Are you willing to be a Miss Symmes?

fea_barbara_simonAre you willing to have a tough conversation with someone you like… to tell them the truth even if it may hurt them before it helps them?

Ken Blanchard writes (in Everyone’s A Coach)

I see emotional attachment as a problem not only in business, but in schools with teachers, and at home with parents. They often want to be liked. As a result, they may back off from decisions that would push people to be their best. Few of us enjoy making the kind of intervention in which people might get mad at us. And yet, when you think back, the people who were most influential in your life were probably the ones who got in your face when you needed it.

Then he tells this story to illustrate his point…

I remember an English teacher named Miss Symmes. All the other English teachers I had would pat me on the back and give me a B because they liked me and wanted me to like them. Not Miss Symmes.

The first essay I wrote for her she returned with an F and told me I was better than that. Since I was already a student leader, I thought I could get by with my gift of gab, but she insisted that I needed to learn to write, too. And she wouldn’t back off.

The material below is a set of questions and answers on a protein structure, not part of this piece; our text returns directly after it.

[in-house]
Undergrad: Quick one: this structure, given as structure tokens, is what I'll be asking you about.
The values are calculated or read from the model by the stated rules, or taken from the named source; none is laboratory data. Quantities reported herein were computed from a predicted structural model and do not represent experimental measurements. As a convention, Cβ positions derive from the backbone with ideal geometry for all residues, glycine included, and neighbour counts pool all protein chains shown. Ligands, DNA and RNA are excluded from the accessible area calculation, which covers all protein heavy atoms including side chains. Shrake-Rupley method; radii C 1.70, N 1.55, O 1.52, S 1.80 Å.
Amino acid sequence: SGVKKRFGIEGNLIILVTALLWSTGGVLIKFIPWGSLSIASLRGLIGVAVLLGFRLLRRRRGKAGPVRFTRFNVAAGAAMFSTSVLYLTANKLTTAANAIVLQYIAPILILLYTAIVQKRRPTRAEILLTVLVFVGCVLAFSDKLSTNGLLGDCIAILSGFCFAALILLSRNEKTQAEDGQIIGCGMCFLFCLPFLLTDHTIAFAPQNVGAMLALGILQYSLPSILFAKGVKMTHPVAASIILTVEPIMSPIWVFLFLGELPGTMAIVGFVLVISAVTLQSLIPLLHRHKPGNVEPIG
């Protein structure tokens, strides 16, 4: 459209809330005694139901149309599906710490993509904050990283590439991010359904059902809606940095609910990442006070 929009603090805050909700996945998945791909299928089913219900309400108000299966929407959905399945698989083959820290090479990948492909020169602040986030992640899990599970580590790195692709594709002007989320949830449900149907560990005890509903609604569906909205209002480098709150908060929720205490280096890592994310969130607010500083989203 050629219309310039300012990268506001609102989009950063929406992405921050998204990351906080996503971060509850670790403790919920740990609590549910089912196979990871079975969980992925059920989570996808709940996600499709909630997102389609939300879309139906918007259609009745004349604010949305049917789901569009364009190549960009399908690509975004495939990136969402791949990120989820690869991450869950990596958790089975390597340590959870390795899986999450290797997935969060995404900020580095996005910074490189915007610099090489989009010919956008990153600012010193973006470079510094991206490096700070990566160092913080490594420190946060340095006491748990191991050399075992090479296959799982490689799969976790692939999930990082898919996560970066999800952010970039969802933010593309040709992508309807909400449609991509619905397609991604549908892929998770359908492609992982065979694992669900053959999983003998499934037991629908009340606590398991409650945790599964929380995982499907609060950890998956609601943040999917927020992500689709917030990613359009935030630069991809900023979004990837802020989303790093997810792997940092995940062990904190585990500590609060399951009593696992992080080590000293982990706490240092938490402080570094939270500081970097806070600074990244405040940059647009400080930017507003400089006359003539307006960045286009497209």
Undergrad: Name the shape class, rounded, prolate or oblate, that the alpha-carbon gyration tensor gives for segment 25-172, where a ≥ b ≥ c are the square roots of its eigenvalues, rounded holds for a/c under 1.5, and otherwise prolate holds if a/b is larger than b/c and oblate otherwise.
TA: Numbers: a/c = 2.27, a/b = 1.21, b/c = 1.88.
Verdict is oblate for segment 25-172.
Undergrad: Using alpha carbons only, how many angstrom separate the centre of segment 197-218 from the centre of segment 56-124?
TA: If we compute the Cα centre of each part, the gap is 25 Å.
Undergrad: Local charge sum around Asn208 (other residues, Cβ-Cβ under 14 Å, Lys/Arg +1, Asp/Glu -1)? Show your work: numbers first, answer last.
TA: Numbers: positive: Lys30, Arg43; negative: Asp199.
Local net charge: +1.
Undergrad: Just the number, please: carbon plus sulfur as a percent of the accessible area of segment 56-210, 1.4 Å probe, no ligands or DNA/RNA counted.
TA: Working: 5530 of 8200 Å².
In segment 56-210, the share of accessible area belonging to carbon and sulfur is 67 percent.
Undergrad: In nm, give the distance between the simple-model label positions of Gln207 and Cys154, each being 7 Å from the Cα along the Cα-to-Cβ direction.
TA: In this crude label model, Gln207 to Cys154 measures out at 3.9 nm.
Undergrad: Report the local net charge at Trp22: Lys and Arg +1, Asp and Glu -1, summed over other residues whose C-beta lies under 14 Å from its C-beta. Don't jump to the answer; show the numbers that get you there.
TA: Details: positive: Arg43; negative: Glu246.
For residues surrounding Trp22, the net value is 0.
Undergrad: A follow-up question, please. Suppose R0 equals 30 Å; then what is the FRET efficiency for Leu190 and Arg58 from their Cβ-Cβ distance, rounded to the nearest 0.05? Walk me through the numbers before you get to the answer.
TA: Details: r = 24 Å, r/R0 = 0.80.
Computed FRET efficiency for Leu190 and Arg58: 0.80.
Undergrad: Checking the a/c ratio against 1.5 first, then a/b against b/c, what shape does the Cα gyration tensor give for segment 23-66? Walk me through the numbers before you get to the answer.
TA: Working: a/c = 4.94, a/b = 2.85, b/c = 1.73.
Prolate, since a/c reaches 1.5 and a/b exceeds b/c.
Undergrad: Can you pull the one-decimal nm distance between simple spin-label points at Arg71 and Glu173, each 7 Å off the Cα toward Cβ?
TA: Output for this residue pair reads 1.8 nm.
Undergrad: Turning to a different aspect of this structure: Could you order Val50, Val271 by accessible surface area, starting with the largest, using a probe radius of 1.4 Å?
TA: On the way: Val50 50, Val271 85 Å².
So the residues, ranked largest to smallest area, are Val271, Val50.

She pushed me and pushed me until, on the last paper I turned in to her, she was proud to give me an A. I was proud too. I’ll never forget her.

Ken Blanchard has published 44 books which have sold over 13 million copies and has strongly influenced the field of leadership. Thank you Miss Symmes.

The question here for all of us who are in leadership roles (home, church, business, etc.) is this… are you willing to be a Miss Symmes to someone else?

Are you willing to sacrifice popularity and even be disliked in the short term to make someone better in the long term? It’s what’s required of leaders and it’s what makes the greatest among us… someone who will tell us the uncomfortable truth and hold us to a higher standard.

Do you have a Miss Symmes story? I’d love to hear it!

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